Spring Bugs: Chinch Bugs
Are you noticing expanding yellow and brown patches in your lawn? You might have chinch bugs.
Chinch bugs usually are active in North-Central Florida lawns during the months of March through November and year round in South Florida. Though chinch bugs may only live up to two months, it is thought that 7-10 generations may develop each year. Chinch bugs range from 1/8 to 1/5 inches in length and have small, slender black bodies with white wings folded on their back. Some have full-sized, functional wings while others are short-winged and incapable of flight.
Chinch bugs are seriously damaging to St Augustine and other turf grass species. They feed off of the plants through their needle-like beak which can result in yellowish and brown patches in lawns. These affected areas are frequently noticed first along concrete or asphalt-paved edges, or in water-stressed areas where the grass is growing in full sun.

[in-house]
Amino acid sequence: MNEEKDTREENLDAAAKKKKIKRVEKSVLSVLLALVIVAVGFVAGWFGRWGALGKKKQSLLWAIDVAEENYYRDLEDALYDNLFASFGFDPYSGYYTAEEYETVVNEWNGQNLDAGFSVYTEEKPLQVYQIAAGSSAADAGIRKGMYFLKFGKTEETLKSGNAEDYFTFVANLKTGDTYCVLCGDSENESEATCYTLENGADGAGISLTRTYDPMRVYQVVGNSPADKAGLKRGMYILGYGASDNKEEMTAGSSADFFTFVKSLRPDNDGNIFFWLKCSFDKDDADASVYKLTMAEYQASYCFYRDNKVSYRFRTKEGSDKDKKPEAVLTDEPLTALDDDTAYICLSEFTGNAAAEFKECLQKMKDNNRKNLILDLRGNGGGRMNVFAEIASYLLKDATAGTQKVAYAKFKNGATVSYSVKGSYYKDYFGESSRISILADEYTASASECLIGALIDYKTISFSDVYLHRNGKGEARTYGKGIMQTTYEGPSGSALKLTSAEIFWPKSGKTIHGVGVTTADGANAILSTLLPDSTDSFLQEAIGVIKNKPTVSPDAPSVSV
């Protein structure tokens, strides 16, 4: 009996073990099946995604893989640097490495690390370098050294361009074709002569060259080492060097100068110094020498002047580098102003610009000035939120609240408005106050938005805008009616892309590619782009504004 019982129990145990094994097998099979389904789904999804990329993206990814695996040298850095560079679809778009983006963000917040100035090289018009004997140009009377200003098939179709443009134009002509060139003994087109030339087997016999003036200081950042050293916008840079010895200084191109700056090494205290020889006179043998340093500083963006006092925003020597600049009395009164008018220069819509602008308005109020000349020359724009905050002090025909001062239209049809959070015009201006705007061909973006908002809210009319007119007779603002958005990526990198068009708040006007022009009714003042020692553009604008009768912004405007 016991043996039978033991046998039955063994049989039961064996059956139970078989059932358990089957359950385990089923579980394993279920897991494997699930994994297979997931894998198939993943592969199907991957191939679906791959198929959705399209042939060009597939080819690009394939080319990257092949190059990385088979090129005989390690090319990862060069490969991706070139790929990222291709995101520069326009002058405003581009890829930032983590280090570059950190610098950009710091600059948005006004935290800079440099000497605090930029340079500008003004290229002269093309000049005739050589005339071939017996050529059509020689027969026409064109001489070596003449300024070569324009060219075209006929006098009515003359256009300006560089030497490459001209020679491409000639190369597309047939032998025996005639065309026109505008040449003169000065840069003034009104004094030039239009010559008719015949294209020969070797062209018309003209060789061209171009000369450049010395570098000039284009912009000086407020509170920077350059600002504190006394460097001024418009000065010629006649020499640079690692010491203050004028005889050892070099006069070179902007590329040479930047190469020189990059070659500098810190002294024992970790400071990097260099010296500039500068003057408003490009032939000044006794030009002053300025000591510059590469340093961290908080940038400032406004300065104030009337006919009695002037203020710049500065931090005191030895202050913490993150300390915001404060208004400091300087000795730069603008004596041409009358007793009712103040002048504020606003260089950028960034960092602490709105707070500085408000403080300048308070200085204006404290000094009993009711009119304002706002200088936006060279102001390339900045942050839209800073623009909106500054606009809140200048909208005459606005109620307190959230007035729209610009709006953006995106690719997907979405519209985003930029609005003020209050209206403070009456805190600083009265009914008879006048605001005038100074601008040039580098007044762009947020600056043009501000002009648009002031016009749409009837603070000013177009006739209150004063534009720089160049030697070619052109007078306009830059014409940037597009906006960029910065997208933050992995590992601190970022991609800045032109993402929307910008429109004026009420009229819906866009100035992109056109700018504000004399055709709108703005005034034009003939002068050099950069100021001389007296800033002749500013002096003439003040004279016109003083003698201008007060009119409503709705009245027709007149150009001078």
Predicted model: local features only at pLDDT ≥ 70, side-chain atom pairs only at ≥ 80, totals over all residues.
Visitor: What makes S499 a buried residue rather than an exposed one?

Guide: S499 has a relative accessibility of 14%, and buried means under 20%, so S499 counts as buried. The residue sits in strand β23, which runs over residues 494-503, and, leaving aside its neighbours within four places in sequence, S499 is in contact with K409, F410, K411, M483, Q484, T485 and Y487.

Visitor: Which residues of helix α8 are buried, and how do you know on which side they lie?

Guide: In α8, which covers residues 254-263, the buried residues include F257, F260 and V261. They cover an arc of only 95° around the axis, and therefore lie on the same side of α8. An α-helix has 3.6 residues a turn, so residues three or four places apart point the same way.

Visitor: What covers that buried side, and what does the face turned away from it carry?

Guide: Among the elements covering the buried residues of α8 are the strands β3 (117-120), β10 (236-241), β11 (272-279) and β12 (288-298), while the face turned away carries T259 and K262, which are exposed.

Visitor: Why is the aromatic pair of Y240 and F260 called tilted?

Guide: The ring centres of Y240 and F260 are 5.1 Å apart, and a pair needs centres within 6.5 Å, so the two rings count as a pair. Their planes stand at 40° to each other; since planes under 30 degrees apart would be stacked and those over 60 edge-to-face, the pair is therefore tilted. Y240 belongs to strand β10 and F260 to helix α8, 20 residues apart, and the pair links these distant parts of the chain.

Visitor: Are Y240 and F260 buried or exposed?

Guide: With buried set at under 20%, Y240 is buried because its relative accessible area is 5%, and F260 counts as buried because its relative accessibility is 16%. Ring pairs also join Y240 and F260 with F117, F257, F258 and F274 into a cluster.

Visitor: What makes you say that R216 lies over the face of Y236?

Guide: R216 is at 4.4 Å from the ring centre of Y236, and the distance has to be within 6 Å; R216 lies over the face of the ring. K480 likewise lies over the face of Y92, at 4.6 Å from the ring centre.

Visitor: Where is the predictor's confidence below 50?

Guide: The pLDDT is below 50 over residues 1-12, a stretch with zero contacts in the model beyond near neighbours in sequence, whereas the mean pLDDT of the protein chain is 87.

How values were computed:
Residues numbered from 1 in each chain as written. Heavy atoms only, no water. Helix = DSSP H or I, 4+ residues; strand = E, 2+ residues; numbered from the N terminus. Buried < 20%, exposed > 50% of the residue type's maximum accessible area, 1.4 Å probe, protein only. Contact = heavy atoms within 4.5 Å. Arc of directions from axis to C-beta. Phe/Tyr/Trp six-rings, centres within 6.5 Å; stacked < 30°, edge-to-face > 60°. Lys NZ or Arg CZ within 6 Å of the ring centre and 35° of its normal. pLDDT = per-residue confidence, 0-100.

To check if chinch bugs are present in your lawn, push one end of a can, with both ends removed, into the ground about 2-3 inches down. Fill the can with soapy water and monitor for five minutes. If chinch bugs are present they will float to the surface. It is important to check several different areas where the yellow spots and green grass meet.
You can control chinch bug reproduction by keeping a healthy lawn, maintaining adequate moisture levels, proper fertilization and mowed to a height of 3-4 inches.
Other bugs to watch out for this season include Aphids and the White Fly. These insects feed on vegetable plantings, ornamentals and tender plant parts such as grass shoots.
If you have questions or would like to learn more about keeping your lawn healthy this spring, give us a call today!